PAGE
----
A lot of people compare tilt to anger. While anger is a form of tilt, both concepts are complicated, but anger is not tilt. Anger is an emotion and tilt is a behavior. Tilt can have an emotional aspect or be an emotional reaction, but it’s the behavior that results from the emotion.
One can regulate the behavior, but not the emotion. Poker is a highly charged emotional situation.
Going on tilt can be caused by not being able to regulate anger. Tilt can be the result of a bruised ego. It can be the result of embarrassment. The result of what seems like stupid mistakes, fatigue and excessive competitiveness. Tilt can be a sign there’s a deeper issue and the tilter can’t regulate feelings or emotions. This area is problematic to optimal performance.
An understanding of anger and how one reacts is important because it can be regulated. The American Psychological Association summarizes anger issues: “We all know whatangeris, and we’ve all felt it, whether as a fleeting annoyance or as full-fledged rage.”
Some simple steps you can use to learn to regulate anger are:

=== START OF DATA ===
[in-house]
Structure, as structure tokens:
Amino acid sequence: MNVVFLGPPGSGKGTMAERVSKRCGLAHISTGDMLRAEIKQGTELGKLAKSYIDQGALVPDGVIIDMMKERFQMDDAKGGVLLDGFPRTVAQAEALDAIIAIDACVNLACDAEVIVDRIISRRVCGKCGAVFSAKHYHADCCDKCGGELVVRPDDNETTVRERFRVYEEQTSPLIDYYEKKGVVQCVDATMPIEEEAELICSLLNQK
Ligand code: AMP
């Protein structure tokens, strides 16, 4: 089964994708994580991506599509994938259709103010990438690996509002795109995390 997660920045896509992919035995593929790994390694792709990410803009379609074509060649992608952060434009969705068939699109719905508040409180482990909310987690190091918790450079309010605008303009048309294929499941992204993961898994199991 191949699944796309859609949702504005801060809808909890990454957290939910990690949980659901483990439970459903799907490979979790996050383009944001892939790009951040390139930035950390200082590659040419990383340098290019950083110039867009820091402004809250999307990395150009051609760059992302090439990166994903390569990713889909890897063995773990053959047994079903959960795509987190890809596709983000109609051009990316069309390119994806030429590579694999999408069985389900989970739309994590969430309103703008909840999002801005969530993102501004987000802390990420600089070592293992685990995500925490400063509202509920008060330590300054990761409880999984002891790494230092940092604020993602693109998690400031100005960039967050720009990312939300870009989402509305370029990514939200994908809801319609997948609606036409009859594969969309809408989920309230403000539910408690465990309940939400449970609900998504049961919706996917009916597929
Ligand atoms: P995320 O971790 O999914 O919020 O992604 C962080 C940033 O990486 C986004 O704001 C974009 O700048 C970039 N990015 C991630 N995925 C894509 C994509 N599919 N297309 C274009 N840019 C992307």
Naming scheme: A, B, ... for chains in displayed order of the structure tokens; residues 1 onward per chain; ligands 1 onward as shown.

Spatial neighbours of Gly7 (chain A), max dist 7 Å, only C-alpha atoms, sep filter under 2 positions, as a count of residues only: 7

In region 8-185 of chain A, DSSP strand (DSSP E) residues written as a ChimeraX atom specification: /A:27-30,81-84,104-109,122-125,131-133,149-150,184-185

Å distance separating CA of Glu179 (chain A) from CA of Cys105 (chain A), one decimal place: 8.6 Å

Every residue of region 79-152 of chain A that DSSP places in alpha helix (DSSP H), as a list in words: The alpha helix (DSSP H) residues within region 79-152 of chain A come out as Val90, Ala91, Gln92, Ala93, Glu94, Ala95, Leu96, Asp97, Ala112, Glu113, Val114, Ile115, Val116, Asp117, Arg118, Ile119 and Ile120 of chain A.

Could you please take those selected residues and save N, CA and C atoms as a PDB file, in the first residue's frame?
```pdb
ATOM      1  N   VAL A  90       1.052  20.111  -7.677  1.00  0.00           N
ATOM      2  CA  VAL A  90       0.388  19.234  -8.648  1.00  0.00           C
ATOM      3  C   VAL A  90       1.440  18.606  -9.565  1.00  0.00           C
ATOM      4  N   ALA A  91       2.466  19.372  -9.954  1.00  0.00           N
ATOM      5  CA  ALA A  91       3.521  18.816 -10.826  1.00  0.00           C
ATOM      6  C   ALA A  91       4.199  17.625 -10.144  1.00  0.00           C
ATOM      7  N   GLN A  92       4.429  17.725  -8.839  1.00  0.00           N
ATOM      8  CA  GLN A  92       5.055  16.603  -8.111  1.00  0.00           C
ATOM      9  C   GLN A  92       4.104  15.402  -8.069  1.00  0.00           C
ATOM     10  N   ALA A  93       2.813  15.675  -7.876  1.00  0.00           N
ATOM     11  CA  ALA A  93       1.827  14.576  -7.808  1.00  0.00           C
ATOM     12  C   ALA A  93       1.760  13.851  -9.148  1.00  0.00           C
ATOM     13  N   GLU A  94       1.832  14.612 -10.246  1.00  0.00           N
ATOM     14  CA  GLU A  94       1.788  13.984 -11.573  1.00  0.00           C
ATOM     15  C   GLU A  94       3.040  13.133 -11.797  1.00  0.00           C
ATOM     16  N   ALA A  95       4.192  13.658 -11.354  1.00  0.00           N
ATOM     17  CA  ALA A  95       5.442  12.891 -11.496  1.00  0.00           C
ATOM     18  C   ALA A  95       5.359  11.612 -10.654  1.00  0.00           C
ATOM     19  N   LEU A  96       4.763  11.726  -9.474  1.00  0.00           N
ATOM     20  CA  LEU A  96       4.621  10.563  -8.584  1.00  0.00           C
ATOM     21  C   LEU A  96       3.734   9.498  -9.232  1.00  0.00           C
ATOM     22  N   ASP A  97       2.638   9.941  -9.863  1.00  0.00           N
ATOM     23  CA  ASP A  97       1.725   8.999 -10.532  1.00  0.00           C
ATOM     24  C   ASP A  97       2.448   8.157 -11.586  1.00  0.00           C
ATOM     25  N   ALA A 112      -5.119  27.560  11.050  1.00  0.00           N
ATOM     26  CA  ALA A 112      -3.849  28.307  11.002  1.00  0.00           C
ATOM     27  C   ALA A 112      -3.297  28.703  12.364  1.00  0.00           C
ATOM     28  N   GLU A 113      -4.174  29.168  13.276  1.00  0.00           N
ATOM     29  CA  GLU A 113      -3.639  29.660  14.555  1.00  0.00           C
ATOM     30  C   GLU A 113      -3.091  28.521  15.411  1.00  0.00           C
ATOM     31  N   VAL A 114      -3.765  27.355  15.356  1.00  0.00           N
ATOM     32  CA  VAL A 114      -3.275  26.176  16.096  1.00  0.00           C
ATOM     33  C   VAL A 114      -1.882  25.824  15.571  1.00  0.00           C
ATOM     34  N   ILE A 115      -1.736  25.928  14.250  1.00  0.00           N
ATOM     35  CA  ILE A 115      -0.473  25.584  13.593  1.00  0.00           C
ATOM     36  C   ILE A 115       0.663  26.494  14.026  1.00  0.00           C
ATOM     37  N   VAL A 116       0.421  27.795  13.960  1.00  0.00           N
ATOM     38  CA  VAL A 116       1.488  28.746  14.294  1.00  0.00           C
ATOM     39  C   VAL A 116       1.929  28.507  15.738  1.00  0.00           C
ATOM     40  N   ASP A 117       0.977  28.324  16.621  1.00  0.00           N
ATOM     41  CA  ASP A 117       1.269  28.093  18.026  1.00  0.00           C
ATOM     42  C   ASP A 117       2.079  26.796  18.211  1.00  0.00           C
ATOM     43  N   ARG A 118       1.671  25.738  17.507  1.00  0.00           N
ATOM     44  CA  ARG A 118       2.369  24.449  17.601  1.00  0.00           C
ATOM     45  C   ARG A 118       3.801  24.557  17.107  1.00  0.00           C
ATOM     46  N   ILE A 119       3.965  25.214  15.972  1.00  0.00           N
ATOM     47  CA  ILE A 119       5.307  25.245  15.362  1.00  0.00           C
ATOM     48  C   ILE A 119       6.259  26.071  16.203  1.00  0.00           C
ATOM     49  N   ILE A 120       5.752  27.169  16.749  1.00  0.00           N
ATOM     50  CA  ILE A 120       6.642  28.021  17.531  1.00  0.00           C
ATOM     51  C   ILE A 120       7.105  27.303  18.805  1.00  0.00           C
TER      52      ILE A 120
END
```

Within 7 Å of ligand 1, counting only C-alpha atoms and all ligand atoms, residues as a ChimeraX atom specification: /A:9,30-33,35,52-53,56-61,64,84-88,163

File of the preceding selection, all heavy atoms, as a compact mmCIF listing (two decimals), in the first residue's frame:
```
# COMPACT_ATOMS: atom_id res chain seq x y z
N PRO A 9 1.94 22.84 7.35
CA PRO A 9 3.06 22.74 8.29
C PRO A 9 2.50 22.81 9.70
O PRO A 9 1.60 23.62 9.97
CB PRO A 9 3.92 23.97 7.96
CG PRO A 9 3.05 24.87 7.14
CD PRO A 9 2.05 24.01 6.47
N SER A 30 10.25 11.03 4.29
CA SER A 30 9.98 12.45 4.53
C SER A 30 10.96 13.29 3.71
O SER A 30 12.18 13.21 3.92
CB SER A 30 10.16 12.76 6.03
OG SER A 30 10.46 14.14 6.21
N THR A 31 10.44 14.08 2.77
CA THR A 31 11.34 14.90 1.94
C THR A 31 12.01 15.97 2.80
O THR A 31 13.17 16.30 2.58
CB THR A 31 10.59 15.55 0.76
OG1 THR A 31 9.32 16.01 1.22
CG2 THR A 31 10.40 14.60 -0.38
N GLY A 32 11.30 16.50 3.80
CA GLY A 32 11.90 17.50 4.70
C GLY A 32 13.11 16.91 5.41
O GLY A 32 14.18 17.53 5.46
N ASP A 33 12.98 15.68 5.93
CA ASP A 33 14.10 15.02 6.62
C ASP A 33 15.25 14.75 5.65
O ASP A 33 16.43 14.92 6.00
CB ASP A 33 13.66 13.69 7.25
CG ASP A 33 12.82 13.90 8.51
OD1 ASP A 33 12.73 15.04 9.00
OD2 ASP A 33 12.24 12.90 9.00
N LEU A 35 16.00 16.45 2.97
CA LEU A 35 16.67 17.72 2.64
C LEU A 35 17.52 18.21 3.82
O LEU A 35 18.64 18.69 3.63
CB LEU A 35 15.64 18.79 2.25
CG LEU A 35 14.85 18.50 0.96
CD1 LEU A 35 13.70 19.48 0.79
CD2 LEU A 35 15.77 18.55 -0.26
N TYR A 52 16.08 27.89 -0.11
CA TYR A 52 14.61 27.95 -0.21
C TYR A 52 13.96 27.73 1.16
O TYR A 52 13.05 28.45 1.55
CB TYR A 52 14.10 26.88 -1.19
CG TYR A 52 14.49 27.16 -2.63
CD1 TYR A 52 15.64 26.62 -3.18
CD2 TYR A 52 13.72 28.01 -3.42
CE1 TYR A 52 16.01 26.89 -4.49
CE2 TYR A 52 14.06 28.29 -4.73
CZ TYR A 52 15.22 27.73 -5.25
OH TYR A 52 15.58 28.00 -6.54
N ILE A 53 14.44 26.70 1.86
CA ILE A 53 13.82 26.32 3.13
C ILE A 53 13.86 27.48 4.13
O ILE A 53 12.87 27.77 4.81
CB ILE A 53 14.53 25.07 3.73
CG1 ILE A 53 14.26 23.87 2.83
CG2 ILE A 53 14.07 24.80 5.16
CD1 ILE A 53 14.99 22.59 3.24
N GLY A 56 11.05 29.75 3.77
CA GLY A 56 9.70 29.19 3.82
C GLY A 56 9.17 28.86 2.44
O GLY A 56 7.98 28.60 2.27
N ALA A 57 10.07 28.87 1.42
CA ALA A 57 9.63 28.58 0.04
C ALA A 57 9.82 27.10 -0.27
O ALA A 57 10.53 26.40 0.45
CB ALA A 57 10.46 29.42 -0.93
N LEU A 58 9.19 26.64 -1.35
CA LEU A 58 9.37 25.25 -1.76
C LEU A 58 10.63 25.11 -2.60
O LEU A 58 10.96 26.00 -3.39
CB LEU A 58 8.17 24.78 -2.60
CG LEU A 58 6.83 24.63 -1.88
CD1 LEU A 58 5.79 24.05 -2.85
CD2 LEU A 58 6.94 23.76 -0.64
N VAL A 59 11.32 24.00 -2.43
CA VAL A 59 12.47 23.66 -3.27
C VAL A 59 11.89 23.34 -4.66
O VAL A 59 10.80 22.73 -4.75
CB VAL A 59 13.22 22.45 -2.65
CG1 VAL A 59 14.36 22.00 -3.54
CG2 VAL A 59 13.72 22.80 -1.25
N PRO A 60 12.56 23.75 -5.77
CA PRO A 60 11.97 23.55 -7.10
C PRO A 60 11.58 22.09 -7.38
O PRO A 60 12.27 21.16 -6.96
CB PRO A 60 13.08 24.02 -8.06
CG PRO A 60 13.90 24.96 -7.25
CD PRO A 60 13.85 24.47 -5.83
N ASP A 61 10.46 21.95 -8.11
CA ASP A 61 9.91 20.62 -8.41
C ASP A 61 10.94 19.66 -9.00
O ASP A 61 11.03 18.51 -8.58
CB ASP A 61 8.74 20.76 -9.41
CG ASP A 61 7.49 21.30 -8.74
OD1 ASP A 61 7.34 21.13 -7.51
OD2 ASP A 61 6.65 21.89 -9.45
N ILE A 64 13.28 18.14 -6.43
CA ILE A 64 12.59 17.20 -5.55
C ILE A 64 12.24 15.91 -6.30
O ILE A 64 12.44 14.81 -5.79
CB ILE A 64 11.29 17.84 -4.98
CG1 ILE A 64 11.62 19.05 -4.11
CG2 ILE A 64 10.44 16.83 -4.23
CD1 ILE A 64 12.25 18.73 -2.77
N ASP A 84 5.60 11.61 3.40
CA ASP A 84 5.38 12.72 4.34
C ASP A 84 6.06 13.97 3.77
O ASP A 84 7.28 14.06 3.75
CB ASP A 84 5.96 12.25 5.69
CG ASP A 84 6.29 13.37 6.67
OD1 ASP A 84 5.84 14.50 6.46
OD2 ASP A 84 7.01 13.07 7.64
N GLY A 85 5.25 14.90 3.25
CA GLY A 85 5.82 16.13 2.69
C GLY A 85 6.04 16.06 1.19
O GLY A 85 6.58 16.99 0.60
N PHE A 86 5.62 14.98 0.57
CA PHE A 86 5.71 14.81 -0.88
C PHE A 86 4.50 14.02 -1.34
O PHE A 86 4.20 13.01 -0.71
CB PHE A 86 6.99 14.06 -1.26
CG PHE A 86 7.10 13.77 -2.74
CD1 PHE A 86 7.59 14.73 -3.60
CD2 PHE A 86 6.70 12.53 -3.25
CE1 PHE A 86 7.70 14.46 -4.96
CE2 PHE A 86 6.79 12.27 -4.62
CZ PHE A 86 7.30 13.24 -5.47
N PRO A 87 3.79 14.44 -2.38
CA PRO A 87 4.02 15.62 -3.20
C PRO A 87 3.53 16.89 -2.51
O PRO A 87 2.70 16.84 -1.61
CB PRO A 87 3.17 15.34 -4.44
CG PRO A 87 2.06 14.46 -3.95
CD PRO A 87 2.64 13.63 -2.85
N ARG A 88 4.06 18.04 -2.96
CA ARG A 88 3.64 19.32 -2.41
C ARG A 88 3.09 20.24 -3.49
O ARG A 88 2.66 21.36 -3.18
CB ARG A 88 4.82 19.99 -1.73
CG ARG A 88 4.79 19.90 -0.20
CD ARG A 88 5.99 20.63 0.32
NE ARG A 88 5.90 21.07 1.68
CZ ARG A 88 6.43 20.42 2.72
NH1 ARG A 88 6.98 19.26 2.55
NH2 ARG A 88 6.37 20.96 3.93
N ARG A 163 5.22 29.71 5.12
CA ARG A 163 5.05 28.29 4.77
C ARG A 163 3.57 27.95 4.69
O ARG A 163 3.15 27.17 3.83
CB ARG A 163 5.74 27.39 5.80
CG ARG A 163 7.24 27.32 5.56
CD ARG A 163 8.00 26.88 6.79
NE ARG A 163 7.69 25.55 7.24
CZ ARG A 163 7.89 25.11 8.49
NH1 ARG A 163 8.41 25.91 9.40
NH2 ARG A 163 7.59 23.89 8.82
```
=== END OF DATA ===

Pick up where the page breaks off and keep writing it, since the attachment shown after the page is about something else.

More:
Some simple steps you can try:
• Breathe deeply from your diaphragm; breathing from your chest won’t relax you. Picture your breath coming from your gut.
• Slowly repeat a calm word or phrase such as relax or take it easy. Repeat it while breathing deeply.
• Use imagery; visualize a relaxing experience, from your memory or imagination.
• Non-strenuous, slow yoga-like exercises can relax muscles and make you feel much calmer.
You can practice these techniques daily. Learn to use them automatically when you’re in a tense situation. Some can be used at the poker table. Another important technique is cognitive restructuring. That is change the way you think about anger. There’s a several-step process to the regulation of anger: cognitive understanding and restructuring; understanding the arousal mechanisms and the behavior that results and then techniques and understanding for regulation.
This means changing the way you think. Angry people overreact, throw cards and money, and then become overly dramatic. In other words, anger at the table becomes tilt.
When you can identify these thoughts, you can replace them with more rational thoughts and even behaviors. Take a break, walk around, engage in rational self-talk. Tell yourself poker is a high intensity activity, that it can be frustrating, that frustration is part it, the world is not coming to an end and getting angry and tilting is not going to fix it anyway. Learning how to regulate anger will keep your head in the game.
— Dr. Stephen Bloomfield is a licensed psychologist and avid poker player. Email him at firstname.lastname@example.org.